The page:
Warm weather? Check. Increased prevalence of ice cream vans? Check. Arsenal poised to sell one of their crown jewels? Check.
Whilst the sudden outburst of warm weather failed to fully convince me that summer was just round the corner, the news that Arsenal captain Cesc Fabregas is likely to depart North London in the not too distant future has confirmed that this is indeed the case. With Arsenal’s transfer windows of the last five years littered by the departures of key men such as Patrick Vieira, Ashley Cole, Thierry Henry, Mathieu Flamini and Alexander Hleb, it is unsurprising to hear of Fabregas’ impending departure. Undoubtedly the talismanic star man in Arsene Wenger’s side, the 23-year-old’s anticipated exit will do nothing to dispel the notion of Arsenal’s existence as a ‘selling club’.
Although unsurprisingly tempted by the lure of Barcelona, Fabregas’ desire to leave now is clearly attributable to a lack of faith in Wenger’s principles, with the 23-year-old evidently not convinced by his manager’s ability to secure silverware within the foreseeable future. Should Fabregas leave within the next few months, Arsenal’s quest to end their trophy drought is likely to become even harder. The Frenchman is a notoriously stubborn man, but will this potential transfer act as a catalyst for a switch in the Frenchman’s ideology?
Arsene Wenger’s transfer policies of the last five years have been well-documented. Despite being admired by many, the sustainable model of investment he has implemented has yet to reap tangible rewards. Gunners fans starved of silverware have perennially bemoaned their manager’s failure to replace such key players with proven like-for-like players. Key defeats to rival clubs have been recognised as symptomatic of the lack of experience and proven quality within the side. The club have repeatedly affirmed that their manager has money to spend, so why doesn’t he choose to do so?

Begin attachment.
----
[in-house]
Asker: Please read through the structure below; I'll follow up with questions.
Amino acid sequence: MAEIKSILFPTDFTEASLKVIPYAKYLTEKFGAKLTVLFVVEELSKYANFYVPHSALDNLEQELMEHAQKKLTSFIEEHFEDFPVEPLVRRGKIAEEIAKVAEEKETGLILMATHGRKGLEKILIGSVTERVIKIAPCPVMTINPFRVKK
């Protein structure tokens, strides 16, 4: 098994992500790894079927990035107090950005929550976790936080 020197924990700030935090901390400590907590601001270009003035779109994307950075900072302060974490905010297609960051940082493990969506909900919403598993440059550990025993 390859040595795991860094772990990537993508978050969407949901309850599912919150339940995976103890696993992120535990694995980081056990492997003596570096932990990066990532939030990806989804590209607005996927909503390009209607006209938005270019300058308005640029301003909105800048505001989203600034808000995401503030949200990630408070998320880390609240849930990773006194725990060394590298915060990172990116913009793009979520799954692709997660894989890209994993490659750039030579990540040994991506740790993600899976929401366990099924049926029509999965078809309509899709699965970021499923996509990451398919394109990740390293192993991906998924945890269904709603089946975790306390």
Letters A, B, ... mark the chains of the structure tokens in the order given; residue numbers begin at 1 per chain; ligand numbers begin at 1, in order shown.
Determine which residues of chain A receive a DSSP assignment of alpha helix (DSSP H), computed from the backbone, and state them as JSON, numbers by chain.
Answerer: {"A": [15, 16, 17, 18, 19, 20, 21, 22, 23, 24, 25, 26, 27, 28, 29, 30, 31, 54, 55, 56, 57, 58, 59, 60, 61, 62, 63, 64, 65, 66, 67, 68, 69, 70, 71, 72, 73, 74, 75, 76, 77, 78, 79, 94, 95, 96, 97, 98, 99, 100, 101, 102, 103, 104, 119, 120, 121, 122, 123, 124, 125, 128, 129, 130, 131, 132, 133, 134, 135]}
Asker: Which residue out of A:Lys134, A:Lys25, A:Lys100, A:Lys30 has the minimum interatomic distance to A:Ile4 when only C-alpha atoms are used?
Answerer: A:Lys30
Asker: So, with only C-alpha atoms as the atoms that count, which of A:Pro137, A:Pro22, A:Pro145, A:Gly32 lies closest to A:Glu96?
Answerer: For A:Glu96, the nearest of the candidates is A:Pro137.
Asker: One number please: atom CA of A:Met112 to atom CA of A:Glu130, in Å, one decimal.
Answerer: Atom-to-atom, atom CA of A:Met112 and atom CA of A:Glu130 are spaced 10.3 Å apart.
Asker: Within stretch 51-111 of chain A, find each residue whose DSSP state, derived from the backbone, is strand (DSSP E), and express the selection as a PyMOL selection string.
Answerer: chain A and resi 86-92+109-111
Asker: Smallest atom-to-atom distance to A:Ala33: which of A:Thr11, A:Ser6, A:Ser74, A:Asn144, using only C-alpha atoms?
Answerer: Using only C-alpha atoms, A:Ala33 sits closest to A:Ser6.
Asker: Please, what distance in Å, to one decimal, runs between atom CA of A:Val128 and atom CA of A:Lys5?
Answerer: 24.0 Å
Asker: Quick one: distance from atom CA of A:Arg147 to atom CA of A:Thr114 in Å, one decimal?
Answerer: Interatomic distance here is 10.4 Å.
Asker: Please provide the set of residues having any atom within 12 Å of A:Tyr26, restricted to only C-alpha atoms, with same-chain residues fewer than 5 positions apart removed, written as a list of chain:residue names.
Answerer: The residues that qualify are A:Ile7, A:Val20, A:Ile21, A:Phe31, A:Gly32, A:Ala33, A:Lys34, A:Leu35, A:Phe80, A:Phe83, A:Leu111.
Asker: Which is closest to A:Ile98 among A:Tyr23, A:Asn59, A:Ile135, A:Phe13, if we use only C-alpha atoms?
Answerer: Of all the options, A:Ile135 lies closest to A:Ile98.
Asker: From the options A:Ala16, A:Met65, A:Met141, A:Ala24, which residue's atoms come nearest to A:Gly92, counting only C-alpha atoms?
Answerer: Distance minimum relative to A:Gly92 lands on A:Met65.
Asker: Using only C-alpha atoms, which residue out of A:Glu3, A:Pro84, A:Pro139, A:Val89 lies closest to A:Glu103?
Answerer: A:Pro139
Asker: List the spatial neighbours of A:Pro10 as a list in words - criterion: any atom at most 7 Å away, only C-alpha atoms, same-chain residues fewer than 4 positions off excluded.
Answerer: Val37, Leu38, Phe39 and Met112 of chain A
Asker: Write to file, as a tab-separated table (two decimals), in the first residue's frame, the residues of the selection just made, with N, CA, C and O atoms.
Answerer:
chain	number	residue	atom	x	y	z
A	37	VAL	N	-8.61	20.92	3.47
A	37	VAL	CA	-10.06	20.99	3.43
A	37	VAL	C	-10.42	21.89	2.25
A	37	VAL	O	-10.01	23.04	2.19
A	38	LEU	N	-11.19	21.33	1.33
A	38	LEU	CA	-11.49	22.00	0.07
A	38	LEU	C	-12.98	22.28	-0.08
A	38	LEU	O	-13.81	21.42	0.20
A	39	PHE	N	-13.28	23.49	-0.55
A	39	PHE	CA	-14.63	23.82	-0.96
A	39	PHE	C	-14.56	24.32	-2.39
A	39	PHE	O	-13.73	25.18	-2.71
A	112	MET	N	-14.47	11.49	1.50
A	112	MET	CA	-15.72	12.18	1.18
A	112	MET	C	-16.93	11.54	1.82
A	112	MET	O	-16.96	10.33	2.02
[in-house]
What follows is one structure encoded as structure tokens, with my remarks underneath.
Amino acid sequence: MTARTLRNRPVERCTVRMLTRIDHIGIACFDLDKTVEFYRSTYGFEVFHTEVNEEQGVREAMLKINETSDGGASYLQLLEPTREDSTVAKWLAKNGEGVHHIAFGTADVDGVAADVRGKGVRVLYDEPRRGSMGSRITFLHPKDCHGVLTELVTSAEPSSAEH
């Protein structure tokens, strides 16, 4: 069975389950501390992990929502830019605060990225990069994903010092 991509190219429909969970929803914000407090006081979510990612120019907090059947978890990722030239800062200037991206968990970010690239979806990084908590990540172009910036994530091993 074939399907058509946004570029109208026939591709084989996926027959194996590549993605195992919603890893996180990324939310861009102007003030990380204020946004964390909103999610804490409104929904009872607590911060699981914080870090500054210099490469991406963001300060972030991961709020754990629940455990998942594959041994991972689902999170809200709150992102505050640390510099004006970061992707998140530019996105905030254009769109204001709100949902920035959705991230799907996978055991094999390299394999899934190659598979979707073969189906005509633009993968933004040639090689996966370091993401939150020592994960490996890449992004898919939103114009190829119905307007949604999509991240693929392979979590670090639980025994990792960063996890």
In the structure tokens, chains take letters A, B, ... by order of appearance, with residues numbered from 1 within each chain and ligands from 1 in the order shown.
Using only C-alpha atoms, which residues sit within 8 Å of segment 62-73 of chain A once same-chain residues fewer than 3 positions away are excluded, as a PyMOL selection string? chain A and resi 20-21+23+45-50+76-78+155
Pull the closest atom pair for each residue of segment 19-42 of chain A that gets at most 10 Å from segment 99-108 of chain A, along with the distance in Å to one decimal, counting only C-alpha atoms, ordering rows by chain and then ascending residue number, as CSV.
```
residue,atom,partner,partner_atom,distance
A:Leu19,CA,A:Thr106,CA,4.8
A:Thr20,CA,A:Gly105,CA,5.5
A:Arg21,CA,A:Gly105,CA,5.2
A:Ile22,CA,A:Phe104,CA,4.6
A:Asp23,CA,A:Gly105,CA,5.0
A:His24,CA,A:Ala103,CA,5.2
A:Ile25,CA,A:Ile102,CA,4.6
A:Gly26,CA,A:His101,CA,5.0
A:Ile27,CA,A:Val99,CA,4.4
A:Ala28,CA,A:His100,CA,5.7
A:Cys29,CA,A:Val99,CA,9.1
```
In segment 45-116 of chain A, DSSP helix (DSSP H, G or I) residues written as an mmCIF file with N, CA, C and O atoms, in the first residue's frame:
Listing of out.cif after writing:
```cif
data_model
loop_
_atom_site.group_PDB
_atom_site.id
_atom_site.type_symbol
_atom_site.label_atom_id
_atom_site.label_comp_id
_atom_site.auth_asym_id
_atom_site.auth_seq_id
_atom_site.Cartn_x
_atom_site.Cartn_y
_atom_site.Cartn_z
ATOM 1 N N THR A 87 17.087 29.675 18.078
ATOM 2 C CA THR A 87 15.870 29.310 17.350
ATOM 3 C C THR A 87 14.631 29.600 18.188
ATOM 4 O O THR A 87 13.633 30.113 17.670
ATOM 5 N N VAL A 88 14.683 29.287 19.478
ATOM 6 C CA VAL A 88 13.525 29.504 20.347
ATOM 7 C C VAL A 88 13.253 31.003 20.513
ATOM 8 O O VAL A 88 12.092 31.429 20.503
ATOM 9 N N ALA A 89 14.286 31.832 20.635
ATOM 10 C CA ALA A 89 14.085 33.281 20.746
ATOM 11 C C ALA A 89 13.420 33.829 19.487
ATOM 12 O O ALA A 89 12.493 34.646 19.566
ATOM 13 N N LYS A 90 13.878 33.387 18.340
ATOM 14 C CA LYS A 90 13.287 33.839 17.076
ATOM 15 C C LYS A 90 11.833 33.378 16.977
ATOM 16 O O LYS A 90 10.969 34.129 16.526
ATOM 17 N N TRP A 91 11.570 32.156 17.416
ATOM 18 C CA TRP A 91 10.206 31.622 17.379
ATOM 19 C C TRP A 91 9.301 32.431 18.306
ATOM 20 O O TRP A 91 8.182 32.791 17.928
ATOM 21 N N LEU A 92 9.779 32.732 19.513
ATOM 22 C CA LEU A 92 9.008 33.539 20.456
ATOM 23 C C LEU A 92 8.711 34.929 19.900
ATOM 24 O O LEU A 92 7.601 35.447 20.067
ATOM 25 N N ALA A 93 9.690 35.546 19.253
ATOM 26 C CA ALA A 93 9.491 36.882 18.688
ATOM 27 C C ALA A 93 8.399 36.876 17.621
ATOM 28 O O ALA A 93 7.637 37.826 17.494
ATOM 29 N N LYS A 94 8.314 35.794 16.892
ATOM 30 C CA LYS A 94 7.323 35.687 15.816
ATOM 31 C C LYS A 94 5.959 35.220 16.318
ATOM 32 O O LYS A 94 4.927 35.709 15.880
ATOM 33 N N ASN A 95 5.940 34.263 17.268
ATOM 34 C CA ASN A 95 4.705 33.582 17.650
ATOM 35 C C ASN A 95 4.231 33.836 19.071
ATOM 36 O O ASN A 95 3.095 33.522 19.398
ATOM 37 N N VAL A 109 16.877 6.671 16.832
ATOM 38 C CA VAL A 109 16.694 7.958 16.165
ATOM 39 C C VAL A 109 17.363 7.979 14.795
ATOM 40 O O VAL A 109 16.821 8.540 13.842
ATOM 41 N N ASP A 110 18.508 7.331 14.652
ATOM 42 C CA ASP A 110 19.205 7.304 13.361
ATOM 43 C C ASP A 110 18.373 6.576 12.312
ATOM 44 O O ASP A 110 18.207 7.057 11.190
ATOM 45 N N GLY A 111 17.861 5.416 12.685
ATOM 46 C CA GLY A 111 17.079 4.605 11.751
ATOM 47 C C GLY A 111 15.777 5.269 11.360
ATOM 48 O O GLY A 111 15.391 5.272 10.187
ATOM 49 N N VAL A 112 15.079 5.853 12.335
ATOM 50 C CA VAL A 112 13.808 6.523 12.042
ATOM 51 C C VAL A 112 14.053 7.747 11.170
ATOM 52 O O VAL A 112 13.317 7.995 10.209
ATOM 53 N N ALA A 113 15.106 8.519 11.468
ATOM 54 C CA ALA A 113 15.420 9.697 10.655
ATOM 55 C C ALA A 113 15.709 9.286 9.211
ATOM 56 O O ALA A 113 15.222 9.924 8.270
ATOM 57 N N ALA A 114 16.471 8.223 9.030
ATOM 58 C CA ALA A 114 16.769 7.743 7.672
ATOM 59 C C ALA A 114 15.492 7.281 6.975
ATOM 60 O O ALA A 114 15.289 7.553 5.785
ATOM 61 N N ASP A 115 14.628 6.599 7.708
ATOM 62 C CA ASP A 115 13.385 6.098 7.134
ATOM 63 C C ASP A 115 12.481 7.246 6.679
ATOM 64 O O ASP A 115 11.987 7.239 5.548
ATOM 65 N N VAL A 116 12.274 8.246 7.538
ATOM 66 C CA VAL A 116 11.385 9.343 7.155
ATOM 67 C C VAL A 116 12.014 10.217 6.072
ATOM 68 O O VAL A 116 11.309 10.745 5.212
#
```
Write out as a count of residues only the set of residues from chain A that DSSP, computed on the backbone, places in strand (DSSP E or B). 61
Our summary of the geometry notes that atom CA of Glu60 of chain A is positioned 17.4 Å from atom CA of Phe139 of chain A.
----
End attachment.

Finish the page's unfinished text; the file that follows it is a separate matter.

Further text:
Wenger’s almost utopic vision of Arsenal as a trophy-winning, self-sustainable, youth player manufacturing club is what has prevented star names from moving to the Emirates. In choosing to eschew the signings of big-money players, Wenger has vindicated such a policy by pointing to the benefits of choosing to blood youth players; indeed Fabregas’ emergence and development as a first-team team player was only facilitated by his manager’s failure to replace Patrick Vieira. The development of Fabregas, who can now undoubtedly be considered as a world-class player, has been thought of as a template for the rest of Wenger’s future Arsenal side. Indeed Fabregas’ ascendancy can be thought of as a microcosm of Wenger’s ideology.
For the last few seasons, Wenger’s side have been perpetually dubbed as a “team for next season”, a comment indicative of the inherent lack of maturity and experience within a youthful side. Whilst such a policy has been to the advantage of several young players who have benefitted from regular first-team exposure, Wenger’s principles have been lambasted as the main reason behind Arsenal’s failure to win a trophy since 2005. Worryingly, the speculation concerning Fabregas has suggested that it is not only the fans, but Arsenal’s players who are losing faith in the abilities of ‘Le Professor’. In addition to the actions of Cesc Fabregas, Russian maestro has vehemently displayed doubts over his manager’s methods, telling The Sun that, “Arsene Wenger needs to buy new players – and expensive ones too. Why? Because all the talented and inexpensive players are already with us at Arsenal.”
Thankfully for Wenger, sales of key men over the last few years have always proven to be correct by the diminished form of such players at their new clubs, fuelling the suggestion that Wenger is an expert at knowing when to sell players. However, unlike the departures of some of the names listed above, for example Thierry Henry, the potential sale of Fabregas would see the departure of a quality player who is yet to reach his peak. This sale of the side’s best player denotes a lack of ambition, with this message likely to be transmitted across to other players within the Arsenal squad. We’ve already seen how Arshavin has been dismayed by his manager’s policy – what price for other top Emirates players to show signs of their discontent?
This summer is likely to be a massive summer for Arsene Wenger. The faith of his admirably loyal fans is likely to be tested like never before. More worryingly, the faith of his squad is likely to be tested too. The Frenchman will have to make some changes this summer, but whether or not this means sacrificing his principles remains to be seen.
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